Roundtable: Making American Pompons Great Again

This Colonial Couture post is by guest contributor Ben Marsh, senior lecturer in history at the University of Kent. His current research project is “Unravelling Dreams: Silkworms and the Atlantic World, c. 1500-1840.”

Super Bowl LI

Super Bowl LI

In July 1760, an American correspondent writing to a former neighbor in Surrey, England, graciously thanked them for dispatching a package across to South Carolina, risking the perils of transatlantic post during the Seven Years’ War, to send some cosmopolitan gifts. The gift of a fan was heralded as a “curiosity,” the suit (probably linen, though this descriptor was scored out) was apparently “universally admired,” but the real coup in the package was unquestionably the pompon. Not only was the pompon the prettiest these Americans had apparently ever seen, but the girl it was intended for was delighted “the more so as they are the first of ye fashion that have reach[e]d this part of the world.” Continue reading

“UNITE OR DIE”: John Holt’s New-York Journal; or, the General Advertiser and the Imagery of Allegiance

Colonial Williamsburg - reconstruction of Holt's storehouse, sometimes referred to as John Holt's "new store" on lots numbers 49 and 50 that he built in about 1745 .

Colonial Williamsburg—reconstruction of Holt’s storehouse, sometimes referred to as John Holt’s “new store.”

A short while ago, I wrote on the importance of political caricatures within eighteenth-century British America. I called for an increased focus on how caricatures affected, and in some cases represented, politics during the American Revolution. In today’s post, I’d like to do something similarI’d like to call for an increased focus on newspaper mastheads. An increased exploration on what they meant, and how they were used for political mobilization. Continue reading

The Importance of Partisanship in New York City, ca. 1769–1775

Alexander McDougallOn April 25, 1775, hundreds of New Yorkers acknowledged receiving “a Good firelock, Bayonet, Cartouch Box, and Belt.” Six days after the Battles of Lexington and Concord, and three days after Israel (Isaac) Bissell told New Yorkers the news, Alexander McDougall mobilized support against the British. The War of American Independence had reached New York and, with hundreds of supporters, McDougall was ready to fight.[1] By April 1775, McDougall was a revered figure across colonial America, widely known as “the Wilkes of New York.” He was an individual who, like John Wilkes, was perceived as willing to fight for the liberties of the press, the people’s welfare, and against arbitrary rule.[2] McDougall’s popularity, by 1775, had been five years in the making. But, in 2015, historians are yet to fully appreciate the role he played in the coming of the Revolution. In this post, I want to reemphasize his influence in affecting New Yorkers’ allegiances. Continue reading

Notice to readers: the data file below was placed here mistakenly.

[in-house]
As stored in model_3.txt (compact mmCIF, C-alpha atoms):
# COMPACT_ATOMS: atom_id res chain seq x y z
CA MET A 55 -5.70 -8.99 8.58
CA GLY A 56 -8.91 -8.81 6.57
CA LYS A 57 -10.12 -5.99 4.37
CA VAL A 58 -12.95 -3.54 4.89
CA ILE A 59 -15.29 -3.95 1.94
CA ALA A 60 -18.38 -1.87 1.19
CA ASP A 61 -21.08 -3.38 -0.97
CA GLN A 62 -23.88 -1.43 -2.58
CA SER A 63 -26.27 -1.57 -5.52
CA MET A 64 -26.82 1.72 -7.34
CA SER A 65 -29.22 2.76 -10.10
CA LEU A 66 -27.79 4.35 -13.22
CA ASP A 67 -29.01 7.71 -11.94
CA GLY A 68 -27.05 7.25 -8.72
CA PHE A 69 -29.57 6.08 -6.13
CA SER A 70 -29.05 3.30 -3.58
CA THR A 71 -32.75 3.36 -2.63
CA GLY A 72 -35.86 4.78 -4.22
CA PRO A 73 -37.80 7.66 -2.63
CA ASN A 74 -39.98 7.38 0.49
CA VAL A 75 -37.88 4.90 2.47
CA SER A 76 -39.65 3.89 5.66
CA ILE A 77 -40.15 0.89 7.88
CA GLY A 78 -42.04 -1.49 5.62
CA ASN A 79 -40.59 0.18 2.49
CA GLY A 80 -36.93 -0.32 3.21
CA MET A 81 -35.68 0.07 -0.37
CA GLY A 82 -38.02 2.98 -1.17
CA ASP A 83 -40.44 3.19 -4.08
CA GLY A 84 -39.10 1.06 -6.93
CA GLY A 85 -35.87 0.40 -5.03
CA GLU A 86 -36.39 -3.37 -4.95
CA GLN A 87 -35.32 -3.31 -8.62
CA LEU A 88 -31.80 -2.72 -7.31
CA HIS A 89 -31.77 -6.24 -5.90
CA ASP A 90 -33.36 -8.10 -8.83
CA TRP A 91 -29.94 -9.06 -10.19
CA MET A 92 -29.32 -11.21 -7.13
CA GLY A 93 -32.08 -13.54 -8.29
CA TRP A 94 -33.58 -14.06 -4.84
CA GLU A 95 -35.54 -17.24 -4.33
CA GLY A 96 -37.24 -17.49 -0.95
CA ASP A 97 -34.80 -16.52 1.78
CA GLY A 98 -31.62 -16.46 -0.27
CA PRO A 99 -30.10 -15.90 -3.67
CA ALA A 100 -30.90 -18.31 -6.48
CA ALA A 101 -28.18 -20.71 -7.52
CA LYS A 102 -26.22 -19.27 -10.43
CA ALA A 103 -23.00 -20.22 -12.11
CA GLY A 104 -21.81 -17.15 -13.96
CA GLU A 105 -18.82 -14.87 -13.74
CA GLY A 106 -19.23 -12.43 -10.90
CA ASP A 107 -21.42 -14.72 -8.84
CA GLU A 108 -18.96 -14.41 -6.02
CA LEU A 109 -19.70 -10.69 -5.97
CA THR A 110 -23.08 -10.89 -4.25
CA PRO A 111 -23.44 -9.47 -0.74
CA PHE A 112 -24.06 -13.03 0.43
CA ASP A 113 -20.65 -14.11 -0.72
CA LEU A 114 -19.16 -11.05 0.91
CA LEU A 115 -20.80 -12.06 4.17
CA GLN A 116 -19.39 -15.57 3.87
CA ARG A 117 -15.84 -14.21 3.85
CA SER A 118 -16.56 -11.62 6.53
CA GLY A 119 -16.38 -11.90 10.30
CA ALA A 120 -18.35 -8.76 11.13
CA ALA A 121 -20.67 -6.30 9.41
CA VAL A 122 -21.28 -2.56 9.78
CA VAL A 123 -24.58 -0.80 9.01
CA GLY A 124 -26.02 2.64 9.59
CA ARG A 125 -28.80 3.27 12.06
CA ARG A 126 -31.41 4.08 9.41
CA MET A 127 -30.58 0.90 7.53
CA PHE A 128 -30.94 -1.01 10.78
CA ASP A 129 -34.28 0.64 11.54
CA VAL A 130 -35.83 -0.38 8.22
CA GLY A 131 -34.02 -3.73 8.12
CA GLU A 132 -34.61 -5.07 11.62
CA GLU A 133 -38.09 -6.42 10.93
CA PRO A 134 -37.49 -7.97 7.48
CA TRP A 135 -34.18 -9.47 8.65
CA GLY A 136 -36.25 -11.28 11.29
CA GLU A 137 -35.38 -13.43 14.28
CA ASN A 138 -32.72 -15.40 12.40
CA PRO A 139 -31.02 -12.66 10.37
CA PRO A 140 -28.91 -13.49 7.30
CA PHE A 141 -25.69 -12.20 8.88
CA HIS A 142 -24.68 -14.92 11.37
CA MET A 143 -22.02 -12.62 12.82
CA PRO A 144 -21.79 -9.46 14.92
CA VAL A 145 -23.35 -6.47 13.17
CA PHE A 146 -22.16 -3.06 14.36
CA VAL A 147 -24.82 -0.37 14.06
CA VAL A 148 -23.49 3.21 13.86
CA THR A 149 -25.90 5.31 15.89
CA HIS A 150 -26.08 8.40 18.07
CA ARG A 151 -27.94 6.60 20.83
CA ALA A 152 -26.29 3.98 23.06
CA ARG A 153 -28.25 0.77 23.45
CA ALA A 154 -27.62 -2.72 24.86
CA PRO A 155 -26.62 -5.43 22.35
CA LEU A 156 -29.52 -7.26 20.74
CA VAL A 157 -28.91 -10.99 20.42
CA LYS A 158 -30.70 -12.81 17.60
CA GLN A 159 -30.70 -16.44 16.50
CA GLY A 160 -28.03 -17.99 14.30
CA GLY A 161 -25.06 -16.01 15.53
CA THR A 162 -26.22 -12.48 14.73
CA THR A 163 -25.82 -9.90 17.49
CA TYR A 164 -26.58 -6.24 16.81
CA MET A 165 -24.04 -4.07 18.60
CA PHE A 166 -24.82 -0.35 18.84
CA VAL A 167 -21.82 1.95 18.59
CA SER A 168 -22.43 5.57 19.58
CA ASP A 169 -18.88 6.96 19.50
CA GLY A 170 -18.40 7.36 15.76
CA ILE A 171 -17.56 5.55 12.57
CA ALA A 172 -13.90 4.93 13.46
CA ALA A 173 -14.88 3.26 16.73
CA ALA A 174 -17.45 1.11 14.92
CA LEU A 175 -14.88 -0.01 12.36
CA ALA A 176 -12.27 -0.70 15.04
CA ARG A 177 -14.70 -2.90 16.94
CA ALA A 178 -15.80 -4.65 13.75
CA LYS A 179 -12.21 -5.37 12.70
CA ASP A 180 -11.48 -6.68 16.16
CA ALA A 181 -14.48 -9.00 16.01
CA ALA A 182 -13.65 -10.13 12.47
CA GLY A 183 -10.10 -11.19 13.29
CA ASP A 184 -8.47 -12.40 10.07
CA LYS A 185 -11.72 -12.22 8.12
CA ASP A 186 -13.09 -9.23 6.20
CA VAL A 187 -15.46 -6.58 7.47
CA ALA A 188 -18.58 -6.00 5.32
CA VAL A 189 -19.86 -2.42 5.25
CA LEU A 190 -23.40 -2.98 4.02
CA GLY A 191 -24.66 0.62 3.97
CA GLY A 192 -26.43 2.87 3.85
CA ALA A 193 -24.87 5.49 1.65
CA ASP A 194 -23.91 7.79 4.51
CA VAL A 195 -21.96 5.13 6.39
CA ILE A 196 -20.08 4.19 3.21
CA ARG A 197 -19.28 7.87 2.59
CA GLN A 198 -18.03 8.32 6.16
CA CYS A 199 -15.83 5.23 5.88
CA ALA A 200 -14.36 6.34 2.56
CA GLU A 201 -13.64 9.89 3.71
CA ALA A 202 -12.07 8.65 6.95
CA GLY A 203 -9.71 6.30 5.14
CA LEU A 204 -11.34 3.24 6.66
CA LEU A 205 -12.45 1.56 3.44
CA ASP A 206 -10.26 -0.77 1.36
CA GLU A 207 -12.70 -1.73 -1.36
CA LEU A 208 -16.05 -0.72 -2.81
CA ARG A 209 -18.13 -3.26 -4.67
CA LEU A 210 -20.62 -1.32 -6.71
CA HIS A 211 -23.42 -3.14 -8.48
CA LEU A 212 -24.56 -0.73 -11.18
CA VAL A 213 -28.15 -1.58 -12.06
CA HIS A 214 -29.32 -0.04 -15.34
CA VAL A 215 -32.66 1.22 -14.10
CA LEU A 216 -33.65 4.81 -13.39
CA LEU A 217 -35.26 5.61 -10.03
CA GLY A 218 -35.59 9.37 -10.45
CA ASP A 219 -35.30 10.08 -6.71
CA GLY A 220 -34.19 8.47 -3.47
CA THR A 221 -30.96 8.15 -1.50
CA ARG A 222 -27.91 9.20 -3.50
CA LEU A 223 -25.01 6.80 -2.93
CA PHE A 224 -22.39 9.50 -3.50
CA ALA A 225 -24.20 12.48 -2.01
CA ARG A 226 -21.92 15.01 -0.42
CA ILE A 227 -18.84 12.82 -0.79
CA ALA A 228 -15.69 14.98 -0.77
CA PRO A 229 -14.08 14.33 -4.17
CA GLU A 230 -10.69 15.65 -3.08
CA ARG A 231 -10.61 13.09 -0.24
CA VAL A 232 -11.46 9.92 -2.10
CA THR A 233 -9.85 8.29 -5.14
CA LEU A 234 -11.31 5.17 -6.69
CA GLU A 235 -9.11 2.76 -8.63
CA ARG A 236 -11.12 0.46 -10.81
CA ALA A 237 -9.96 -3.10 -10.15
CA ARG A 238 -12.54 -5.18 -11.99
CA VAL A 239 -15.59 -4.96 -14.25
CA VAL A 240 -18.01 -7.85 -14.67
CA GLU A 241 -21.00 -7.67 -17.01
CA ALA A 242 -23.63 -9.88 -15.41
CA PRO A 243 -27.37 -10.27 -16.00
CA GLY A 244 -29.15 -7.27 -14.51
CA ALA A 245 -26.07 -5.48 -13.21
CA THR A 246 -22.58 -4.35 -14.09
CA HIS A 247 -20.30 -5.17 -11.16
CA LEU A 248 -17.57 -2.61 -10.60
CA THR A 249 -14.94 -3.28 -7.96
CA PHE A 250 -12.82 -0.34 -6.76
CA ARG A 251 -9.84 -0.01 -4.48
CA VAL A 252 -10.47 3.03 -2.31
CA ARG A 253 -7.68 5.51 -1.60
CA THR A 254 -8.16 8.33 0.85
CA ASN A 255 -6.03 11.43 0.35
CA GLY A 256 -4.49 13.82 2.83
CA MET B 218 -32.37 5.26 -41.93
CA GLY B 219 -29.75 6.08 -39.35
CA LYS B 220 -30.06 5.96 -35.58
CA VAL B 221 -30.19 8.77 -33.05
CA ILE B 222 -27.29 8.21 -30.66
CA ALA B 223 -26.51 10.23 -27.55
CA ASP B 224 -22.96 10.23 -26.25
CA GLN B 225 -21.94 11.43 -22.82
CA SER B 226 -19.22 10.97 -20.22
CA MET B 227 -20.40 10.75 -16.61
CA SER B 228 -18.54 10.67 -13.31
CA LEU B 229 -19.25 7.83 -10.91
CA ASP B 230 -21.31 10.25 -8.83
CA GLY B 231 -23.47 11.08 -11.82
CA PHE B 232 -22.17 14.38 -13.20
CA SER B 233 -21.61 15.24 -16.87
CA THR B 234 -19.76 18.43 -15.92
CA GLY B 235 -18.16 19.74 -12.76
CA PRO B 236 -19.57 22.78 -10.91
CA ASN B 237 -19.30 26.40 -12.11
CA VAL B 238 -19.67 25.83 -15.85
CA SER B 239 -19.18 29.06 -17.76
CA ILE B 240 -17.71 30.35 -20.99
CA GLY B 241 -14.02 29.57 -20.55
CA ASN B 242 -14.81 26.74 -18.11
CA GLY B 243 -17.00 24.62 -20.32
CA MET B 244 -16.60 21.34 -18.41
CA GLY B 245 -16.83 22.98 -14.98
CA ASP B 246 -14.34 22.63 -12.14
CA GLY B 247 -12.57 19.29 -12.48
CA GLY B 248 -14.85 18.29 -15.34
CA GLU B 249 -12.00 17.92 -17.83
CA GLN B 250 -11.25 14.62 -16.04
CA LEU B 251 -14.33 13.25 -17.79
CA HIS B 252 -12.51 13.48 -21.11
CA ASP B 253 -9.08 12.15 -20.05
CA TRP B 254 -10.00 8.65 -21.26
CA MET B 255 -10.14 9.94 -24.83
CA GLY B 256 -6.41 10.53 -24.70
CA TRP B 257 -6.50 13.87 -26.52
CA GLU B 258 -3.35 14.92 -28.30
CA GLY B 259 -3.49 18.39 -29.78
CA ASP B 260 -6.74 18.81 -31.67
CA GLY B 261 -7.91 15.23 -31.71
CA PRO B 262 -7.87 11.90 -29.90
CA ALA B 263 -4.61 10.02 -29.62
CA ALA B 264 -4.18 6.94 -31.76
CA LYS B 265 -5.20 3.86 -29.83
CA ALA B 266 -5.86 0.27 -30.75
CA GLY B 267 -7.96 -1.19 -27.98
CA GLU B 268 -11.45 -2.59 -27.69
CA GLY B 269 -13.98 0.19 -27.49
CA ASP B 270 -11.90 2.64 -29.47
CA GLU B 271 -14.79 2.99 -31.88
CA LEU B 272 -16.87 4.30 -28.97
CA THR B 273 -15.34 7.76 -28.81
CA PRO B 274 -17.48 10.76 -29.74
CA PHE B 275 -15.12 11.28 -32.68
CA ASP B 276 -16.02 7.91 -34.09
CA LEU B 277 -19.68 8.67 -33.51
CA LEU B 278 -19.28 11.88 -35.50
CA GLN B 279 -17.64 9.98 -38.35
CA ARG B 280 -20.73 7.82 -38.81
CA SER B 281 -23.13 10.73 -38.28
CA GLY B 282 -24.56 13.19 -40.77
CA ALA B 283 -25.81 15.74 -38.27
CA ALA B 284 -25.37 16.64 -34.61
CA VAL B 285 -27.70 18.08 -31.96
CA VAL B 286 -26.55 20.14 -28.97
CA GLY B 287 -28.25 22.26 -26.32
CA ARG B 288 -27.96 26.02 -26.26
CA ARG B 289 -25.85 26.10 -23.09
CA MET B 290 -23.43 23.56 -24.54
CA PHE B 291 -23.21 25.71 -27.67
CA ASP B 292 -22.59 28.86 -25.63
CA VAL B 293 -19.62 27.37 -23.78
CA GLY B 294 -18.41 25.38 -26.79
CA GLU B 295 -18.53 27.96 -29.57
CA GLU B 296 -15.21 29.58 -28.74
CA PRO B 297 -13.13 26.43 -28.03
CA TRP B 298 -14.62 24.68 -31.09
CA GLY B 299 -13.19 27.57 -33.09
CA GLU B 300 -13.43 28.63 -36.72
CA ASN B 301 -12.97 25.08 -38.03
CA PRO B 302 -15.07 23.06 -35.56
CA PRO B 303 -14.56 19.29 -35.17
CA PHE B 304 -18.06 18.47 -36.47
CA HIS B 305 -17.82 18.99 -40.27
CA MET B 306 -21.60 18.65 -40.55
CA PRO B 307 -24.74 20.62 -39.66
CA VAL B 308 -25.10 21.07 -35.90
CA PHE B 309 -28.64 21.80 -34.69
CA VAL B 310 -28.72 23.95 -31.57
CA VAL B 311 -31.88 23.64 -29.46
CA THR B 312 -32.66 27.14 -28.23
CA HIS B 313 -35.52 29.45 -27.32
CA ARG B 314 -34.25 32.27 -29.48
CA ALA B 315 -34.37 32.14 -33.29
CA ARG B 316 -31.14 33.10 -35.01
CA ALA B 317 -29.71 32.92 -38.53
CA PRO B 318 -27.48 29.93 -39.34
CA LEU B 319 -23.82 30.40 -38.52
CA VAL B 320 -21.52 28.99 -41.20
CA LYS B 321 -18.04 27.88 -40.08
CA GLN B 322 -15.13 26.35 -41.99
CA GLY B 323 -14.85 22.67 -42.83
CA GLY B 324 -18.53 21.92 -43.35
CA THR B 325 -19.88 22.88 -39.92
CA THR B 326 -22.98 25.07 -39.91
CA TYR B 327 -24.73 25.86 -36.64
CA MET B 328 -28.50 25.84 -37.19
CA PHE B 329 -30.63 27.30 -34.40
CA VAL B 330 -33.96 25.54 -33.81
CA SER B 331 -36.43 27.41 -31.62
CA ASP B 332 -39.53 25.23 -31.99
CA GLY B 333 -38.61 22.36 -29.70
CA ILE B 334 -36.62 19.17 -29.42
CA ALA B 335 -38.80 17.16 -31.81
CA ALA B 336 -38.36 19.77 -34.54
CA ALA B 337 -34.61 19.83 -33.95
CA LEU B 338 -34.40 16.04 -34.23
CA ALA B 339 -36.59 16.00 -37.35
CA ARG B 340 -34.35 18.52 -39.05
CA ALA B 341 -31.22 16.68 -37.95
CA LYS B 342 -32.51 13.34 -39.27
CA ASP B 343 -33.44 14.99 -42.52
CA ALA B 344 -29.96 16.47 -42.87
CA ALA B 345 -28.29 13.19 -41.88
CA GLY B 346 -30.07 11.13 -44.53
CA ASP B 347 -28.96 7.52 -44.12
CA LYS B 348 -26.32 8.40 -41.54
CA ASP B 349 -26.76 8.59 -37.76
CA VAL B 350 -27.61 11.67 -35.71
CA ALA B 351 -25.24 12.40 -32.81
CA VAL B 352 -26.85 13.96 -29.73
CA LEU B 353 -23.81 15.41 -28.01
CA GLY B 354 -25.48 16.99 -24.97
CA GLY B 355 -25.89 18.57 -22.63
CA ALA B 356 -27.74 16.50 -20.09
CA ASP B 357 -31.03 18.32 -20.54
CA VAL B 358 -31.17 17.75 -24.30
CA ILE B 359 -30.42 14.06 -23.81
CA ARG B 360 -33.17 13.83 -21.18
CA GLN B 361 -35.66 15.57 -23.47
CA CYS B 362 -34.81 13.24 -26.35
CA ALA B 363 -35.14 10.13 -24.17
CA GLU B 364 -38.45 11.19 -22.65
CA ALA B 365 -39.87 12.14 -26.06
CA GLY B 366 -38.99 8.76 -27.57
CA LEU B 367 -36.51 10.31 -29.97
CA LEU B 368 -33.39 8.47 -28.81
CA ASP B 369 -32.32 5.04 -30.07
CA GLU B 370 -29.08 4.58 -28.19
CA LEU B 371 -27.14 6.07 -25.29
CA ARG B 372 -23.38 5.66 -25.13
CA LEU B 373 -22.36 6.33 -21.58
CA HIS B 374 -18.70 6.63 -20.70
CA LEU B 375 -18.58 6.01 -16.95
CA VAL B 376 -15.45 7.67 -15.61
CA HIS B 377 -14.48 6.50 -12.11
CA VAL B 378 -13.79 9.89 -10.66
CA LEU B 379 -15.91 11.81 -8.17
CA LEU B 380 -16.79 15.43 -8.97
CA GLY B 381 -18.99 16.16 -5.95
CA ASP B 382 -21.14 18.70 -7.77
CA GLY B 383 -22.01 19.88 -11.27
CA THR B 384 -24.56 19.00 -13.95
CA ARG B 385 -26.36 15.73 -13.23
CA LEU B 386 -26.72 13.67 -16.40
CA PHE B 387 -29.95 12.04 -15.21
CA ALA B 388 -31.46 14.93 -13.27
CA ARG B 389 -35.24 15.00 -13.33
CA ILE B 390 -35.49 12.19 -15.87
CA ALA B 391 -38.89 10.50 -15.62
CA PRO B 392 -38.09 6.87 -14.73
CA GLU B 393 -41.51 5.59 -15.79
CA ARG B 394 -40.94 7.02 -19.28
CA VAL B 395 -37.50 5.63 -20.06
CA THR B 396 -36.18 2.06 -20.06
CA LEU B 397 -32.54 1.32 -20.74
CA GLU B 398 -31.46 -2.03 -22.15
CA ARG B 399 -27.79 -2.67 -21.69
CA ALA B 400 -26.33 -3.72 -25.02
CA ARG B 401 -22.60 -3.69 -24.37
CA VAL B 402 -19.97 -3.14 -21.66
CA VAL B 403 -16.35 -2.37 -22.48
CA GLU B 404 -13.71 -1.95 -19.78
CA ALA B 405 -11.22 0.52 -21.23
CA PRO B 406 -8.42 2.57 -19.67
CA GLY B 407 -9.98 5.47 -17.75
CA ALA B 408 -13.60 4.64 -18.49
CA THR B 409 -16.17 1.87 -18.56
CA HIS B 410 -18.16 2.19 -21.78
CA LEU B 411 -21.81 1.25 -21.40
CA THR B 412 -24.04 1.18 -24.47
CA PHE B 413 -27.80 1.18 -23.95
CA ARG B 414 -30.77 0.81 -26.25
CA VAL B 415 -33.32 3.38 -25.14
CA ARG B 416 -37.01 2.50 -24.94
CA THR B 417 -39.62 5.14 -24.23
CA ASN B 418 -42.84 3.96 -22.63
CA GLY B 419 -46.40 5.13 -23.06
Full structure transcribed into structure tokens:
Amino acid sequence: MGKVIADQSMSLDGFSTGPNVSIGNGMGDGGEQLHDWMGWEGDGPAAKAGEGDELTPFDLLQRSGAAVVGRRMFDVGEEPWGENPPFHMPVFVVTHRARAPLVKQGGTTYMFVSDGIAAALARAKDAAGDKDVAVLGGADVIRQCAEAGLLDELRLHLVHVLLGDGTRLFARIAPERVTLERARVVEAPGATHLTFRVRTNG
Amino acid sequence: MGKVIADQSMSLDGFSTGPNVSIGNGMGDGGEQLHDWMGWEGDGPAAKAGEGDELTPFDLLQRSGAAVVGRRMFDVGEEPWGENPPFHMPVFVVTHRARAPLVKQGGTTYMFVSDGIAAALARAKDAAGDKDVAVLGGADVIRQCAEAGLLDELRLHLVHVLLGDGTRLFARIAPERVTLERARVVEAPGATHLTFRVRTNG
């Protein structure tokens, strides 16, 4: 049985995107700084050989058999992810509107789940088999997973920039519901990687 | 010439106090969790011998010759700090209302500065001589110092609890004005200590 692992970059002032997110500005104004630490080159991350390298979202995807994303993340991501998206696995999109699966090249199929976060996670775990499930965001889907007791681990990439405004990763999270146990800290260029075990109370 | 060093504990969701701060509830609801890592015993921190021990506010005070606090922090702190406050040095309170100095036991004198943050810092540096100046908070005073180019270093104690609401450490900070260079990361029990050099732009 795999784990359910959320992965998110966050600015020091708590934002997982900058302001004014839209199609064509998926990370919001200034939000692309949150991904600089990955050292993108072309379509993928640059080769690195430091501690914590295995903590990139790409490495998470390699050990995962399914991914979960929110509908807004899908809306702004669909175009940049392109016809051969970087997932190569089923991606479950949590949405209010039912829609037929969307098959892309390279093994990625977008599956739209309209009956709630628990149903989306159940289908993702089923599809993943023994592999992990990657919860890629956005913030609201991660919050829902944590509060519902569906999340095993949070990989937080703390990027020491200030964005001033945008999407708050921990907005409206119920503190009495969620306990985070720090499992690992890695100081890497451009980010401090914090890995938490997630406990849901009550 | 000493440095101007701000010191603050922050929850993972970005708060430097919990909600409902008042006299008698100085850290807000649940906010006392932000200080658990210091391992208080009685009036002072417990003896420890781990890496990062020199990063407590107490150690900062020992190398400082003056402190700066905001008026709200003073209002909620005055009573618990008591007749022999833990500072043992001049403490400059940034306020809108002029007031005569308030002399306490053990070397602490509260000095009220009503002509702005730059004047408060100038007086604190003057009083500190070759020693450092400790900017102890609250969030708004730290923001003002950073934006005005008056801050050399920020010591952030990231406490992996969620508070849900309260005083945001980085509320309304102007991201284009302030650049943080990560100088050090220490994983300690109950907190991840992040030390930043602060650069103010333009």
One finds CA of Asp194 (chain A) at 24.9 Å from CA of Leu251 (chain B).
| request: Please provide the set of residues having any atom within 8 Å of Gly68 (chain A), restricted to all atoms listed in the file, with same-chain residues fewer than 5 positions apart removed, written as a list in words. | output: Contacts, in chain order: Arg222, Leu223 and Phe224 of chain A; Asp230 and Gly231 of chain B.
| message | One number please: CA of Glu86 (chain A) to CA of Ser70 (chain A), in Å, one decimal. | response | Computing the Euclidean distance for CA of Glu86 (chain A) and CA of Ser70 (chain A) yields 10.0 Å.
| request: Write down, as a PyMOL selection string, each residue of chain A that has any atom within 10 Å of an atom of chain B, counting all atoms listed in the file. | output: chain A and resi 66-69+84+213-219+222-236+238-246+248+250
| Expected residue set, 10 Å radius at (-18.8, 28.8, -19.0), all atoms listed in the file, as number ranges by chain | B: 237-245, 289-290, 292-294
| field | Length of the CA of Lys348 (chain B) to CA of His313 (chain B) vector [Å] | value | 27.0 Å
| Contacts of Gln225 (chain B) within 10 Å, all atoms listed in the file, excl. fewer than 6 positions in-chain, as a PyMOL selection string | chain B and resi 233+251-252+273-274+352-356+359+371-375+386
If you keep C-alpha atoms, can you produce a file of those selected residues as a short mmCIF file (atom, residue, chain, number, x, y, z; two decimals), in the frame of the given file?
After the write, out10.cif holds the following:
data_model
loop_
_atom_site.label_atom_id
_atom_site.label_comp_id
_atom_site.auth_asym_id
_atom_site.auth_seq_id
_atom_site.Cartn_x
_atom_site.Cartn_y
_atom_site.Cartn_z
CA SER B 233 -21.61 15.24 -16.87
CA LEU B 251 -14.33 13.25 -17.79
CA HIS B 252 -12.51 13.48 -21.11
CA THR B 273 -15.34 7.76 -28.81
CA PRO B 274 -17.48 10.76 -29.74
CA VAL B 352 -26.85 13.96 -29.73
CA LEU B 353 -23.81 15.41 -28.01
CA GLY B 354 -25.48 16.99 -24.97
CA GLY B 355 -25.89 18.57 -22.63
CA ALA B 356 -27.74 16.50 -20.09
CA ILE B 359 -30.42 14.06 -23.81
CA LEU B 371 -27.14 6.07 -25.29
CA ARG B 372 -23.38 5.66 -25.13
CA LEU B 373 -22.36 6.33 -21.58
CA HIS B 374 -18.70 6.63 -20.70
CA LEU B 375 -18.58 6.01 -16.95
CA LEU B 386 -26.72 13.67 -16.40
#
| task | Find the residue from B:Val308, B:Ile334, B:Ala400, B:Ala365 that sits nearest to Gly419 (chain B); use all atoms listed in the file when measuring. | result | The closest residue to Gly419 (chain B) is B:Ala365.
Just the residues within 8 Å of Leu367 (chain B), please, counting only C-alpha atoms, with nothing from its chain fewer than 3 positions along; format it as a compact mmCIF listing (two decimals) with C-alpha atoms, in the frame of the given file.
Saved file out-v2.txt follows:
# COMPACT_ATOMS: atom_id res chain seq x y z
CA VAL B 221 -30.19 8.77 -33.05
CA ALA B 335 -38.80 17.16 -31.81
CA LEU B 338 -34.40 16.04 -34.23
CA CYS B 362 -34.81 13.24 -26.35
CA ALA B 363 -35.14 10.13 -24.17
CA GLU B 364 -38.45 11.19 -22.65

Guest Post: The Revolutions in the Margins of AMC’s “Turn”

Don Johnson is a Ph.D. candidate in History at Northwestern University. His work explores how ordinary Americans experienced the major political and military events of the Revolutionary era in the course of their everyday lives, and how those experiences shaped actions and changed world-views going forward. Don’s dissertation, now nearing completion, examines the social dynamics of six port cities occupied by the British army during the Revolutionary War.

TurnThe AMC series Turn ended its first season last month with mixed reviews. The consensus seems to be that the series, which tells the story of the Culper spy ring during the American Revolution, has a strong cast, good production values, and promising subject matter but ultimately fails both as a drama and as an accurate representation of history. Popular reviews have mostly found the narrative arc slow and frustrating, while the show’s numerous departures from the historical record have inspired an entire blog devoted to separating fact from fiction. As The Junto’s Roy Rogers put it in his review of the first three episodes back in April, these narrative and historical failings made the series in large part “just another morality play—The Patriot in the guise of Mad Men.”

While Turn‘s main storyline falls far short of doing justice to the fascinating story of the Culper spies, in its background characters and neglected subplots lie many of the complex and diverse experiences of ordinary Americans. Continue reading